I would like to start swing trading. I am 18 and I was wondering what type of bank account do I need to start doing this? I have never had a bank account. Do I need a regular checking account or do I need a business account? I would like to use TD Ameritrade as my broker but I am most likely going to open a Chase bank account.

closed as off-topic by Chris W. Rea, Nathan L, JoeTaxpayer Sep 10 '18 at 20:04

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  • 3
    Based on "Chase" and "TD Ameritrade", it sounds like you are in the USA. If that's correct, please tag your question. – Ben Voigt Sep 9 '18 at 1:30
  • Open a checking and optionally a savings account. Savings accounts are limited to 6 withdrawals per month. – AbraCadaver Sep 10 '18 at 20:03

Why not just open a money market account with TD? It is basically just like a checking account and will keep everything in one place. One login, one place to go for tax documents and one place to check on the status of your finances.

  • my whole family is basically with chase so they would want me to be with chase also. – raj kod Sep 9 '18 at 18:32
  • I think you will find that moving money will be much easier by having a TD account. It doesn't preclude you from also having a chase account. – user76763 Sep 10 '18 at 15:59

In the US, you are not required to open a bank account in order to swing trade in a brokerage account.

Swing trading involves short term trading of greater than one day which is considered day trading. Be aware that if make more than 3 day trades in a rolling 5 day period, you will be required to maintain a minimum equity of $25k on any days that day trades are made (equities and options).

  • I thought that rule only applies to margin accounts? – raj kod Sep 9 '18 at 18:32
  • Yes, I should have been more specific. The limitation on cash accounts is that you can only trade with settled cash. If not, it's a free riding violation which will result in a 90 day restriction (must fully pay for any purchase on the day of the trade). – Bob Baerker Sep 9 '18 at 18:40
  • Ok, I will be definitely trading with a cash account so I don't need to worry about that lol. – raj kod Sep 9 '18 at 18:45

Traditional banks are an expensive place to trade stocks especially if you are going to trade frequently as with a swing trading strategy. Bank fees are usually much higher than online brokerages. Until recently Chase was charging $24.95 to make stock trades which is very high compared to most online brokerages who usually charge less than $4 a trade.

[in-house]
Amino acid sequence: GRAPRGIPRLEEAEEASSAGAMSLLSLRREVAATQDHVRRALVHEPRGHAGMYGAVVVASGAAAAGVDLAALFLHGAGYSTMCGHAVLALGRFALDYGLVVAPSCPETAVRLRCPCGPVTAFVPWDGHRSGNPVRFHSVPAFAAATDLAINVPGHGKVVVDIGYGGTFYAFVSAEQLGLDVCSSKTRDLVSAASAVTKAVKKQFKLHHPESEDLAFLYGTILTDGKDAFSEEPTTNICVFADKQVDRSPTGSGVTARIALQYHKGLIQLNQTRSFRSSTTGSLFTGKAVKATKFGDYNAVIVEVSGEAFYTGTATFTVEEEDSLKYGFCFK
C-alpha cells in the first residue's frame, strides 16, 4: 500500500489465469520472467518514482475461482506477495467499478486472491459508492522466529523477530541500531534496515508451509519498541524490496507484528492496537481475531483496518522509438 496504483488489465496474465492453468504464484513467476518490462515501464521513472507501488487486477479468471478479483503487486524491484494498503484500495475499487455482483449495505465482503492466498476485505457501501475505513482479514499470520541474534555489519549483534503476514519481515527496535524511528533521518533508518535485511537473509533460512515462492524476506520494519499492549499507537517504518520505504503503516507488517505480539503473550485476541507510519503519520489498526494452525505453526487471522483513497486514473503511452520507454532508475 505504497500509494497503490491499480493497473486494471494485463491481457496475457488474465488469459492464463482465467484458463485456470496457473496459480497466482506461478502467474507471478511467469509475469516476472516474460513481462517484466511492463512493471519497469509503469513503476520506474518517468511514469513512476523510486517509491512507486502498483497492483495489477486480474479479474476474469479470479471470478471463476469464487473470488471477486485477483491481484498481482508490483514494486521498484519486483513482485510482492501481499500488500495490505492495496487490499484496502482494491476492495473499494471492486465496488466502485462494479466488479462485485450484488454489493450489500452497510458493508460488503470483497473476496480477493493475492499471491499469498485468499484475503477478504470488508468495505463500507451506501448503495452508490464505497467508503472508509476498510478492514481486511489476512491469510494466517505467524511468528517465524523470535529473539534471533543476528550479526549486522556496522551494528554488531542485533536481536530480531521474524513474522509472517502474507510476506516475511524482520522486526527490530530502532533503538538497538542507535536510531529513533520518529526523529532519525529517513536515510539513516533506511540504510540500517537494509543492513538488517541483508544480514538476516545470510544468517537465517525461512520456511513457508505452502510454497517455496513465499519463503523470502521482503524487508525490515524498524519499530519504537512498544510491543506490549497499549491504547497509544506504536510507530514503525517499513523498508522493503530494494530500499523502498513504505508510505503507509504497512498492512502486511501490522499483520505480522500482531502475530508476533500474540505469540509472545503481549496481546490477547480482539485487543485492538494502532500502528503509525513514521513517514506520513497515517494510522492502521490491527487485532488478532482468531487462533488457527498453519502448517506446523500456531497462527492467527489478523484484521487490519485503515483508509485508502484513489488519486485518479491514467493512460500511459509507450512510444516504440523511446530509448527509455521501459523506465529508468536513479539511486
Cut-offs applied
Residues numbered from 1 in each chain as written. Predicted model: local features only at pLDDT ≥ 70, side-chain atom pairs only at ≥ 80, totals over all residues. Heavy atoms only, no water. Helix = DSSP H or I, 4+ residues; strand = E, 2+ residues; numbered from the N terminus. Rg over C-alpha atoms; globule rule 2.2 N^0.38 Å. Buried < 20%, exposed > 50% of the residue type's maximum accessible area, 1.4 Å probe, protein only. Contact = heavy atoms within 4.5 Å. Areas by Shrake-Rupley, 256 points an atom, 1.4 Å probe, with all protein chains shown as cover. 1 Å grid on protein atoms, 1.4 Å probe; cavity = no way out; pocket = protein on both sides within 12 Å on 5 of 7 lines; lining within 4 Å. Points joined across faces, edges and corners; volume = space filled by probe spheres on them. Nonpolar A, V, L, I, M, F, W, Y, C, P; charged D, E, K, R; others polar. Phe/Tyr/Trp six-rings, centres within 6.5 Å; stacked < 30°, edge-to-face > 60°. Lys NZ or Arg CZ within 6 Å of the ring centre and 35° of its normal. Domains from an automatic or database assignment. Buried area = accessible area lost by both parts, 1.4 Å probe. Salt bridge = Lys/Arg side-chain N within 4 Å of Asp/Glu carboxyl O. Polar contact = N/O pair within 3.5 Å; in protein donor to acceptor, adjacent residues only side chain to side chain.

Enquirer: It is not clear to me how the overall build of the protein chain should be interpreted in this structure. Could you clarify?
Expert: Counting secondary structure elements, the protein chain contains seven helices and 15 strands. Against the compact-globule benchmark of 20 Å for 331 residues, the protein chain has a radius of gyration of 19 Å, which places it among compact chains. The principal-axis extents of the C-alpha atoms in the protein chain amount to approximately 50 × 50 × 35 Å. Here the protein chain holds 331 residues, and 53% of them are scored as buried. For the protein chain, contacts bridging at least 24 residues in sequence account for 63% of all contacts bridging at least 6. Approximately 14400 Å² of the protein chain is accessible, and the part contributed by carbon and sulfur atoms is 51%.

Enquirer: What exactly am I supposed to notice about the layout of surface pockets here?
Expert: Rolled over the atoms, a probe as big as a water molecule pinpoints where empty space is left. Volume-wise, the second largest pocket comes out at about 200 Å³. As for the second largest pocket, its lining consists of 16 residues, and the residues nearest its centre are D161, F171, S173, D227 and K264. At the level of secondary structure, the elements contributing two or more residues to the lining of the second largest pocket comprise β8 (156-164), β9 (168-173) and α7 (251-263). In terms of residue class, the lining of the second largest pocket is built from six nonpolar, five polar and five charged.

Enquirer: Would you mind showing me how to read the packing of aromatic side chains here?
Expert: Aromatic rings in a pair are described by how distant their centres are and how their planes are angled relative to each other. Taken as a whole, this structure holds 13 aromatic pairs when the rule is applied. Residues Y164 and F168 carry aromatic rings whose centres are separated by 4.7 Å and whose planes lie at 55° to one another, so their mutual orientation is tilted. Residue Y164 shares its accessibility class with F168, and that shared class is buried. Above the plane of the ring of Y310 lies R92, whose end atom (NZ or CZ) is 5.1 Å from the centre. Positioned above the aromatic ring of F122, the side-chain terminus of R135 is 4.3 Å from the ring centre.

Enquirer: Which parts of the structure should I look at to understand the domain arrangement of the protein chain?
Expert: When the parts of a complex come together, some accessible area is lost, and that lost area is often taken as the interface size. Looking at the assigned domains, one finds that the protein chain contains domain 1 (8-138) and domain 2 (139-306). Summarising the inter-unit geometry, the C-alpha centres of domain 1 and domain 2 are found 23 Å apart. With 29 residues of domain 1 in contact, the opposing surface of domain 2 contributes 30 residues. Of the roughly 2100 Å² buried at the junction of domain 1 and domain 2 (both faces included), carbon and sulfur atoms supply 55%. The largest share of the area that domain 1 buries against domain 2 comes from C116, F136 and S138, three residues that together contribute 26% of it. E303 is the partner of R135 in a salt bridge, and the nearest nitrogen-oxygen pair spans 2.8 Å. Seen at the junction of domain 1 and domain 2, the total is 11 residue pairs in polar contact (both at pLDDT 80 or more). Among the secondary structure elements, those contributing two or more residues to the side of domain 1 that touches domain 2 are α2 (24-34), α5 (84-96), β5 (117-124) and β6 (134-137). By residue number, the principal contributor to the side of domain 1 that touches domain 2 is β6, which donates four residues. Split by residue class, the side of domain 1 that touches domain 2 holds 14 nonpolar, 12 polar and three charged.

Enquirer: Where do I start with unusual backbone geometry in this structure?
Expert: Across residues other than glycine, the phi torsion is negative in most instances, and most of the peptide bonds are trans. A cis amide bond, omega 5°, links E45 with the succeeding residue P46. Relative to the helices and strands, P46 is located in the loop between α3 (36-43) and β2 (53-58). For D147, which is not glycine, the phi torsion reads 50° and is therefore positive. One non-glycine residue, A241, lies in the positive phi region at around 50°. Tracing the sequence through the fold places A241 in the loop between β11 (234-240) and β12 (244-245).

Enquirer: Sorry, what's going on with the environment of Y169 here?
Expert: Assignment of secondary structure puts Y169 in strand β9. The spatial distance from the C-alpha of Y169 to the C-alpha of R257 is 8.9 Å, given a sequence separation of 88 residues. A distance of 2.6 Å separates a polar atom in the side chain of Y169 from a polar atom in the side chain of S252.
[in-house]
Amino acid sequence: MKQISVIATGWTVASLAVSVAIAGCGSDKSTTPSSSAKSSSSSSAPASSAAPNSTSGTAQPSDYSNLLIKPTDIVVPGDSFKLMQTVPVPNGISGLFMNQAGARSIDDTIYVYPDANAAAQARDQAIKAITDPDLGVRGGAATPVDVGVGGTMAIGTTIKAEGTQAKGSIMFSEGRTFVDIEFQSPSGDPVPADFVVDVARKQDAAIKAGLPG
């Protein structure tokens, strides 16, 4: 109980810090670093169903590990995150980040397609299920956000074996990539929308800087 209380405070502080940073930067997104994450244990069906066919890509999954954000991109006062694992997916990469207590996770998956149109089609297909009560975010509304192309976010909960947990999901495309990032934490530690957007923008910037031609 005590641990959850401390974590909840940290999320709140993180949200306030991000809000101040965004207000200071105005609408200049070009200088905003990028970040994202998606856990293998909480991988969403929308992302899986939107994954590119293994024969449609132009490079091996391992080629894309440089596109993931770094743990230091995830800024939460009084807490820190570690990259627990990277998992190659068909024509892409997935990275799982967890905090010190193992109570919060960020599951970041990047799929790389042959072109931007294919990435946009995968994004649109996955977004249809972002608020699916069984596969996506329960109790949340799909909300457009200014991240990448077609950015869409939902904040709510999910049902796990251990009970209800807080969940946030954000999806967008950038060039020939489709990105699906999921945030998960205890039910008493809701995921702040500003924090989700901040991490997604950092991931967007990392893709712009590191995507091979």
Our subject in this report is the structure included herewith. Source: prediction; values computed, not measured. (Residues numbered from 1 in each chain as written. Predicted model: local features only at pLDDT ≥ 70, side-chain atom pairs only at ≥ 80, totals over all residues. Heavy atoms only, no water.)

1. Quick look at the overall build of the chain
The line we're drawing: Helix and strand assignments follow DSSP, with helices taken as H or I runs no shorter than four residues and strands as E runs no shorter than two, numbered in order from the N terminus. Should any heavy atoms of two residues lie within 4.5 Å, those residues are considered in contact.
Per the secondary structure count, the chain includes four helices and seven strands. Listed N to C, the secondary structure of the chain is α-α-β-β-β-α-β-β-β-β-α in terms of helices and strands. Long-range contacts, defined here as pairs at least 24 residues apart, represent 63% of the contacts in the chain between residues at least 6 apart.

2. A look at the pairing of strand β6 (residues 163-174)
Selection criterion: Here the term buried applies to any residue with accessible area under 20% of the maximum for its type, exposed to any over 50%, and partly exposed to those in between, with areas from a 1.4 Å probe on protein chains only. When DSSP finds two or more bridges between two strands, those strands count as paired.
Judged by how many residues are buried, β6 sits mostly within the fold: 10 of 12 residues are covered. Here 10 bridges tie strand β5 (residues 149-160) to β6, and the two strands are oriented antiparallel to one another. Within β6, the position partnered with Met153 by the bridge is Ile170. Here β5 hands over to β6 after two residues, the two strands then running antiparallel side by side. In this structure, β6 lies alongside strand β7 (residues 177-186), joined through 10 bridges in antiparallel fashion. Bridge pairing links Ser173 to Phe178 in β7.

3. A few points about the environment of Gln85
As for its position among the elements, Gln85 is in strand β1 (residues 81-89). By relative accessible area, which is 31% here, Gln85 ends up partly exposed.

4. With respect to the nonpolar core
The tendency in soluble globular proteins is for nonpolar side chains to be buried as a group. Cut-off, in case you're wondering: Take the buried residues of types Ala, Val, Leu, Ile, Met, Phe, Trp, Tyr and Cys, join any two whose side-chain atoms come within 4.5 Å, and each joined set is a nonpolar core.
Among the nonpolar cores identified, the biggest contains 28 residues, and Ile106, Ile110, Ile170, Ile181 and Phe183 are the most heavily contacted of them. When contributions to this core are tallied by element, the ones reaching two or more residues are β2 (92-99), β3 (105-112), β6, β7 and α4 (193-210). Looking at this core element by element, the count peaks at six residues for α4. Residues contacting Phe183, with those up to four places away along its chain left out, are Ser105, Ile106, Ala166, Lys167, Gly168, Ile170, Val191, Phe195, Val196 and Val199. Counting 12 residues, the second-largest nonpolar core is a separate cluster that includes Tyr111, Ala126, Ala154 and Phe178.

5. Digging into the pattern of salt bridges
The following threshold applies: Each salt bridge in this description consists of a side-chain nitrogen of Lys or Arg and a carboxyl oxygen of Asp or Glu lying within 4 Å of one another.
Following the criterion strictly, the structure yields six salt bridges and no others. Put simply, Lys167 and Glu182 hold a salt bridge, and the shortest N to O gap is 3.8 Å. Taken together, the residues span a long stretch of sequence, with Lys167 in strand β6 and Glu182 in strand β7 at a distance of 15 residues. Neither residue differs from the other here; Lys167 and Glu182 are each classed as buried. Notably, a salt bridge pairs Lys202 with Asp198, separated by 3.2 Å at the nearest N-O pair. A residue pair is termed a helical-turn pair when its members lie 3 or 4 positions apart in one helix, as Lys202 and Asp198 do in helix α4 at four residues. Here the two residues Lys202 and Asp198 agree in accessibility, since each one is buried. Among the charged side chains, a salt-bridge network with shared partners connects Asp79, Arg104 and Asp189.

Some online brokerages are designed for long term stock investors such as Fidelity and TD Ameritrade whereas others such as Saxo Bank, Exante and Interactive Brokers are designed for active professional traders as they offer trading platforms with a lot of functionality. If you want to become an active swing trader, these three will be more of a fit for you.

  • Saxo Bank https://www.home.saxo/about-us/why-saxo: Headquarters in Denmark, they are a well known brokerage although they have recently closed their offices in Turkey and Cyprus and seem to be scaling back which is a concern.

  • Exante https://exante.eu/lp/edward-vickery/: Another European online brokerage with an exceptional trading platform and probably the lowest fees of all. However, the minimum investment is high €10 000 (€500 000 for US citizens).

  • Interactive Brokers https://www.interactivebrokers.com/en/index.php?f=13868: US based so there is a lot compliance and tax forms to complete and due to its popularity with small professional traders and hedge funds in the US, its fees have started to rise.

  • Attempting to trade at $24.95 a trade is foolhardy. $5.95 or so fee per trade is wise if trading larger blocks of shares but a fee per share broker like IBKR is better if you want to scale in and out of positions without penalty (five 200 shares trades is the same $5 commission as one 1,000 share trade). Another perk at IBKR is that they pass through liquidity rebates. With equities, this price improvement will result in a lower price per share cost. With options, it can occasionally result in negative commissions (a credit). What fees are rising at IBKR? – Bob Baerker Sep 10 '18 at 11:48

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